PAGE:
The Unnoticed Legacy Of Buster Keaton

Everyone who works in film at least knows who Buster Keaton was, and is familiar with his unique and often inventive contributions to the medium.  But how many have noticed David Bowie’s fascination with the director and actor?

I first became aware of this when I saw the music video for Miracle Goodnight (directed by Matthew Rolston), a song off Bowie’s 1993 album Black Tie, White Noise.  Like all music videos (except perhaps Derek Jarman’s videos for the Smiths), Miracle Goodnight is a surreal montage of shots featuring the artist singing in some bizarre places and doing some even stranger things.  But in one segment, Bowie is dressed as Keaton, and performing a dance with a chair that is fused with slapstick humor.  It isn’t a strange homage really, but it hardly compares as an homage with Julien Temple’s short Jazzin’ For Blue Jean.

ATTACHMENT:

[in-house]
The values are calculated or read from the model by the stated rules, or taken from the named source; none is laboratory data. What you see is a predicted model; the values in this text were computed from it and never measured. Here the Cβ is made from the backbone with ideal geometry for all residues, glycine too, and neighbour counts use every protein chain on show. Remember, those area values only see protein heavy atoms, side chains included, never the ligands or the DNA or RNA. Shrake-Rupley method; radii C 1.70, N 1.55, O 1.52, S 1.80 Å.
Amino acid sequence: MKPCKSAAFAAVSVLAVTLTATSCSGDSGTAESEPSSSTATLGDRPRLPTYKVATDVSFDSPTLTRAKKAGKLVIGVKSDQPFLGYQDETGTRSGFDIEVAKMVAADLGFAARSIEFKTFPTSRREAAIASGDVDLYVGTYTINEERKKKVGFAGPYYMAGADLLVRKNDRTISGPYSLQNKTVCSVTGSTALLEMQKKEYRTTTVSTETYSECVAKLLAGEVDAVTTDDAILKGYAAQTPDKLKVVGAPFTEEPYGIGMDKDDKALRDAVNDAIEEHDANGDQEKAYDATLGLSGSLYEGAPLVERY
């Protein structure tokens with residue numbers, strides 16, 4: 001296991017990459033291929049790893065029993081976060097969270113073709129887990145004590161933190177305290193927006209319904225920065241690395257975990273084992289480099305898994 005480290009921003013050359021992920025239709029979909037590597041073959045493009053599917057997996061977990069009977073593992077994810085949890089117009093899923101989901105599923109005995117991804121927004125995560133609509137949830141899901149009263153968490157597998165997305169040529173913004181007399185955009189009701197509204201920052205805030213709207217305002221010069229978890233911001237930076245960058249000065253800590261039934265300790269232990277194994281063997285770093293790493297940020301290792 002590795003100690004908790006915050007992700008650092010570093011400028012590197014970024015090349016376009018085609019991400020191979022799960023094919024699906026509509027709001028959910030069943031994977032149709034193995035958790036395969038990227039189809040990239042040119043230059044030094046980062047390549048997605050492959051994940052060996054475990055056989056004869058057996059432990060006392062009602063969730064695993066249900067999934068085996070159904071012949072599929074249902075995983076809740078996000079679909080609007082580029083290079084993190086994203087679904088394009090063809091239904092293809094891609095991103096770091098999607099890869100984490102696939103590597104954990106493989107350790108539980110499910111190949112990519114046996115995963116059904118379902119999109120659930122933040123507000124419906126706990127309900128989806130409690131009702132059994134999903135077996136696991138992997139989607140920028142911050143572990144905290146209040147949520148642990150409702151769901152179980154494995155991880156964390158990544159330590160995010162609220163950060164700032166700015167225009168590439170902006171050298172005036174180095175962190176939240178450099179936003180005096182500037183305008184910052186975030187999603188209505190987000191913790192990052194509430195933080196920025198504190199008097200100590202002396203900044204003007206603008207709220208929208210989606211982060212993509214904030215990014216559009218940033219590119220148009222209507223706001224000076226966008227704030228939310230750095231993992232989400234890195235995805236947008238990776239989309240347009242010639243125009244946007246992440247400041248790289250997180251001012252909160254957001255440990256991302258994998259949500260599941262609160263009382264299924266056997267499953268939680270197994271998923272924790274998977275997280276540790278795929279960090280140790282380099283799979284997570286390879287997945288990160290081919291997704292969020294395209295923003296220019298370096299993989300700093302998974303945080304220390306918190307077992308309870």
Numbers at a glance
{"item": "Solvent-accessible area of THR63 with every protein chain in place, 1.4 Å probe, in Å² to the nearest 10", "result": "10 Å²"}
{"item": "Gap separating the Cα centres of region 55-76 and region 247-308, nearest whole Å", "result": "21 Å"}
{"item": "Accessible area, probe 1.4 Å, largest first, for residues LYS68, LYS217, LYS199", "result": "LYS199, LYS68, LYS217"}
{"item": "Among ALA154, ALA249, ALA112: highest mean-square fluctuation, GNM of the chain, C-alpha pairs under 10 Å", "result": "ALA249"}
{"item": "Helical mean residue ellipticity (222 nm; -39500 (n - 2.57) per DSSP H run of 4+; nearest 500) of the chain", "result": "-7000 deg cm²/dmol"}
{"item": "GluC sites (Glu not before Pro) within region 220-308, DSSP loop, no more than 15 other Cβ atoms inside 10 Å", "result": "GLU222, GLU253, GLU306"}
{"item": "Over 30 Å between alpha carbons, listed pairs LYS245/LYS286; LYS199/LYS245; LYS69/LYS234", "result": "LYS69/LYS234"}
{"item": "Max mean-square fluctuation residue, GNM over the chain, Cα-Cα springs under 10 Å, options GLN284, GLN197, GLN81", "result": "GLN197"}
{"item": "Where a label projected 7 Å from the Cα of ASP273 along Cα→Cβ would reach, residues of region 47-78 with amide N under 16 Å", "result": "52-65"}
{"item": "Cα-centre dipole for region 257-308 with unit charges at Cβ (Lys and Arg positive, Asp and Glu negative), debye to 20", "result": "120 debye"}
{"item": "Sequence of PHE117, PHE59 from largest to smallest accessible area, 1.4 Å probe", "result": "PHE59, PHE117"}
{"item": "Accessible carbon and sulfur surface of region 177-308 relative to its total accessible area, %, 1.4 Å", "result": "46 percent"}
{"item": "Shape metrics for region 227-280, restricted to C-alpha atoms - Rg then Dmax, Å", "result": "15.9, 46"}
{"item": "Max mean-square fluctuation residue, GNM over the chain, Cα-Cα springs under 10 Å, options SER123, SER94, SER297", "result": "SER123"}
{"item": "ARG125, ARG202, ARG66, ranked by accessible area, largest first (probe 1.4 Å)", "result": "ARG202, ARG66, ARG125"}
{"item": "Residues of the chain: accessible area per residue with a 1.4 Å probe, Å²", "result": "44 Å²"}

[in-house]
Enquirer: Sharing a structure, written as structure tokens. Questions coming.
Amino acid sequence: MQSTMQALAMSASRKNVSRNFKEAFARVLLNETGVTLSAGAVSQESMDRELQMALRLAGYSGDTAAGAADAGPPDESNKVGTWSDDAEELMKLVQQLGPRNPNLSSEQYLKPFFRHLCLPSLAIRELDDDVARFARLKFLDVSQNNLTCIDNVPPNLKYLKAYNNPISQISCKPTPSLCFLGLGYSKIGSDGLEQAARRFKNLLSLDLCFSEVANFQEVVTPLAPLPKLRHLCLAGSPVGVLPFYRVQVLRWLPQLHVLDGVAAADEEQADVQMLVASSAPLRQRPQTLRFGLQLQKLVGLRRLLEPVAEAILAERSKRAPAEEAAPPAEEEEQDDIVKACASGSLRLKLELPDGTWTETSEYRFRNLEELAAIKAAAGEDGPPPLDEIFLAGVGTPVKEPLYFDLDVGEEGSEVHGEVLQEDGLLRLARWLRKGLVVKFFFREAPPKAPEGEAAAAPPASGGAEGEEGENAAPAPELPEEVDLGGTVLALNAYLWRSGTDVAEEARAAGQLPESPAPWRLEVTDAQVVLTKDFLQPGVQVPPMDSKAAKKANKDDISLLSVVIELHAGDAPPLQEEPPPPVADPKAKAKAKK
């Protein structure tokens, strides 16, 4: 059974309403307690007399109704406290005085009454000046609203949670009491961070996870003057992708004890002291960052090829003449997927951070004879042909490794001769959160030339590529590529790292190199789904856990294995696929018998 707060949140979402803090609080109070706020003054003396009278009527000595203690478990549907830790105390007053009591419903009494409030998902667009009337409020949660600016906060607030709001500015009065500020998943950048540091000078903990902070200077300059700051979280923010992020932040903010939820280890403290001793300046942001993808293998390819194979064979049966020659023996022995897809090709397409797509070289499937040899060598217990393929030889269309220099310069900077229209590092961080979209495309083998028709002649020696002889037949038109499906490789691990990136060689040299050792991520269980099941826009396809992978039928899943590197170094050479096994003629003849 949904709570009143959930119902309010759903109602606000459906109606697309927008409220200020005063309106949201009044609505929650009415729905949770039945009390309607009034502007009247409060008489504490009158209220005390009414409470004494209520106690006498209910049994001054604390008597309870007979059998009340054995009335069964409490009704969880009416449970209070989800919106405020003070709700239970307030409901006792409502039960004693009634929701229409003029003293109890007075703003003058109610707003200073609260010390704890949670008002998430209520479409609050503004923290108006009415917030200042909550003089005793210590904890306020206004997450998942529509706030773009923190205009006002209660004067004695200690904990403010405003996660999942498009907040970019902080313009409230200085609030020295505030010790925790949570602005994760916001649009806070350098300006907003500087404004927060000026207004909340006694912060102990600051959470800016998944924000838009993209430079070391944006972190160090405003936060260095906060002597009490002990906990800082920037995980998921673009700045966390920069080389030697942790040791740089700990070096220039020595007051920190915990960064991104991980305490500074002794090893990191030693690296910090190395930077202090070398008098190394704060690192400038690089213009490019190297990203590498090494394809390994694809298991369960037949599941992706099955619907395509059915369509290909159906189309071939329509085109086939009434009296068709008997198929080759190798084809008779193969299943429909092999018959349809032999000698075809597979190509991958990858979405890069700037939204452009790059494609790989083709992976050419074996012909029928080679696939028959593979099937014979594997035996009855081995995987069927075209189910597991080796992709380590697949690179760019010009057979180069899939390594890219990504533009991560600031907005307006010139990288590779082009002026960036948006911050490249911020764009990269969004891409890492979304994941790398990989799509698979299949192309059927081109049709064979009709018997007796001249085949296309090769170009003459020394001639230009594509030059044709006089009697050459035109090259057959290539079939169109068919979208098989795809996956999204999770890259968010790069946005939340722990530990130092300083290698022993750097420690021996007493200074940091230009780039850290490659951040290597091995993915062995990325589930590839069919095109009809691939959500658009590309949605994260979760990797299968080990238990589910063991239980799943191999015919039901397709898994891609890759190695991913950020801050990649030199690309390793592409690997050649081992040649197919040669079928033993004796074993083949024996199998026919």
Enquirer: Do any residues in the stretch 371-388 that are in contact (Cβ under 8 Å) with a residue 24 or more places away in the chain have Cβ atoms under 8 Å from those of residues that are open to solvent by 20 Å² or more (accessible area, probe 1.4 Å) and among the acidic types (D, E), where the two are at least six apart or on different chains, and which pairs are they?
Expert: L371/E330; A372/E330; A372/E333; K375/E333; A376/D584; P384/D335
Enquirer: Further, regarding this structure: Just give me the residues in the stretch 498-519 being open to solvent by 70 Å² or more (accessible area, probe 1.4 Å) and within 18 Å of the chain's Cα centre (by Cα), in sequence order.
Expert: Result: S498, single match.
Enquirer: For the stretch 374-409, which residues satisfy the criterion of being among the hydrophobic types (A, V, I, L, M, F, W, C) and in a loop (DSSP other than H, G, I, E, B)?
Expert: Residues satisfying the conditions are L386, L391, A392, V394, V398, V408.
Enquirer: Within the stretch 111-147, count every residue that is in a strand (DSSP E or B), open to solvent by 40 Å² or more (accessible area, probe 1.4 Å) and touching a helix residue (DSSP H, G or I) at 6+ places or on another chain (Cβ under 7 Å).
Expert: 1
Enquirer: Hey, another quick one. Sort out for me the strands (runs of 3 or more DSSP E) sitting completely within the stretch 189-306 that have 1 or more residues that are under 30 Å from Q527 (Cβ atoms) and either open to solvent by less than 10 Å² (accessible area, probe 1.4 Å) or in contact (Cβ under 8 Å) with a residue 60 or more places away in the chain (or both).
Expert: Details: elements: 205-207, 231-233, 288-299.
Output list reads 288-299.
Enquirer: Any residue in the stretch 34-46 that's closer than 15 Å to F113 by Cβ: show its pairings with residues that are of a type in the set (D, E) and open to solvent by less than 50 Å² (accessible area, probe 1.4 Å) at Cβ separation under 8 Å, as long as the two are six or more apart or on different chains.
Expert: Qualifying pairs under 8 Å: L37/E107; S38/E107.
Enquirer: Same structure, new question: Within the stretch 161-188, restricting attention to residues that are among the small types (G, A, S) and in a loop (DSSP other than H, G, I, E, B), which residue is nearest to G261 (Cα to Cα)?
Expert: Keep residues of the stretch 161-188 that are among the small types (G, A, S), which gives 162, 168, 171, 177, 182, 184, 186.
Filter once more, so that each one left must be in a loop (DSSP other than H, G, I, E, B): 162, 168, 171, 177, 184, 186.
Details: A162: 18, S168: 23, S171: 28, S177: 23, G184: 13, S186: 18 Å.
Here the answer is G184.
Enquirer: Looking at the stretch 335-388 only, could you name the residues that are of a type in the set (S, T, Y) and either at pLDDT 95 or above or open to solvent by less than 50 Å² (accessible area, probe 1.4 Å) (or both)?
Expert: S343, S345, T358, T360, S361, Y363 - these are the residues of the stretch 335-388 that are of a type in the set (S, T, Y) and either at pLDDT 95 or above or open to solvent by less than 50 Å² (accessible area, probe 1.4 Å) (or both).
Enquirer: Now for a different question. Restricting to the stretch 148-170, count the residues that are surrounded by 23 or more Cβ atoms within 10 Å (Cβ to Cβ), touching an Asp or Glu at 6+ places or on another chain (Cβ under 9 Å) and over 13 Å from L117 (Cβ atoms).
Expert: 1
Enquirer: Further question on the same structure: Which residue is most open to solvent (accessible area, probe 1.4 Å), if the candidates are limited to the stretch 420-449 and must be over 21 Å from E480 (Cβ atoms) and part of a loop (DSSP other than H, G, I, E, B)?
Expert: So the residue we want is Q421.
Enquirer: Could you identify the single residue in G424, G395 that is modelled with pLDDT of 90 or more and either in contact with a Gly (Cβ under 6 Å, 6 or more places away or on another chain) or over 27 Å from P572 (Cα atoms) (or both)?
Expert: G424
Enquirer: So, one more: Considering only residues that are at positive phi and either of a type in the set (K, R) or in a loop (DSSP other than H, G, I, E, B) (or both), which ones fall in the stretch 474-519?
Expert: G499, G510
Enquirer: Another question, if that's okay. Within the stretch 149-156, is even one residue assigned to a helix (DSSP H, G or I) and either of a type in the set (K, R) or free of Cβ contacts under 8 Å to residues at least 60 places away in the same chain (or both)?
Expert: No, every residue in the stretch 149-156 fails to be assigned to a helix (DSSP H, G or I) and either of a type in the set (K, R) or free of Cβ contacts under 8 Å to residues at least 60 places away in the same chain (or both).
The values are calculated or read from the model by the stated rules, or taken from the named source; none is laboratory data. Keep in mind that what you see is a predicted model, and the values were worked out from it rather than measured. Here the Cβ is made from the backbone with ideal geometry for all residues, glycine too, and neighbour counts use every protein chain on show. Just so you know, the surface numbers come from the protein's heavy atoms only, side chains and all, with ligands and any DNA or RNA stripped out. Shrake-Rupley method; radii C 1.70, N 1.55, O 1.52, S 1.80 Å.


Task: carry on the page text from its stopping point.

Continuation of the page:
Jazzin’ For Blue Jean (1984) comes from Bowie’s 80s pop period, and features a number of songs off of his album Tonight.  Bowie, who co-wrote the film, exercises slapstick humor in several scenes throughout.  Most notably, when Bowie’s character is washing windows and has a little trouble with his ladder.  Though you may not have thought it, David Bowie is quite good at a Keaton impression, and even better at physical comedy (it’s a shame he didn’t get to do any “fall-down” humor in The Linguini Incident).

David Bowie has been acting on the screen since 1975 (The Man Who Fell To Earth), and is not unfamiliar to anyone living a cultured lifestyle today.  However, his work as a physical comedian goes mostly unnoticed, even by die-hard fans (Bowie aficionados may credit his training as a mime for this talent).  So this weekend, I recommend you have your own little film festival and checkout these two titles.

-Robert Curry


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Filed under Winter 2012

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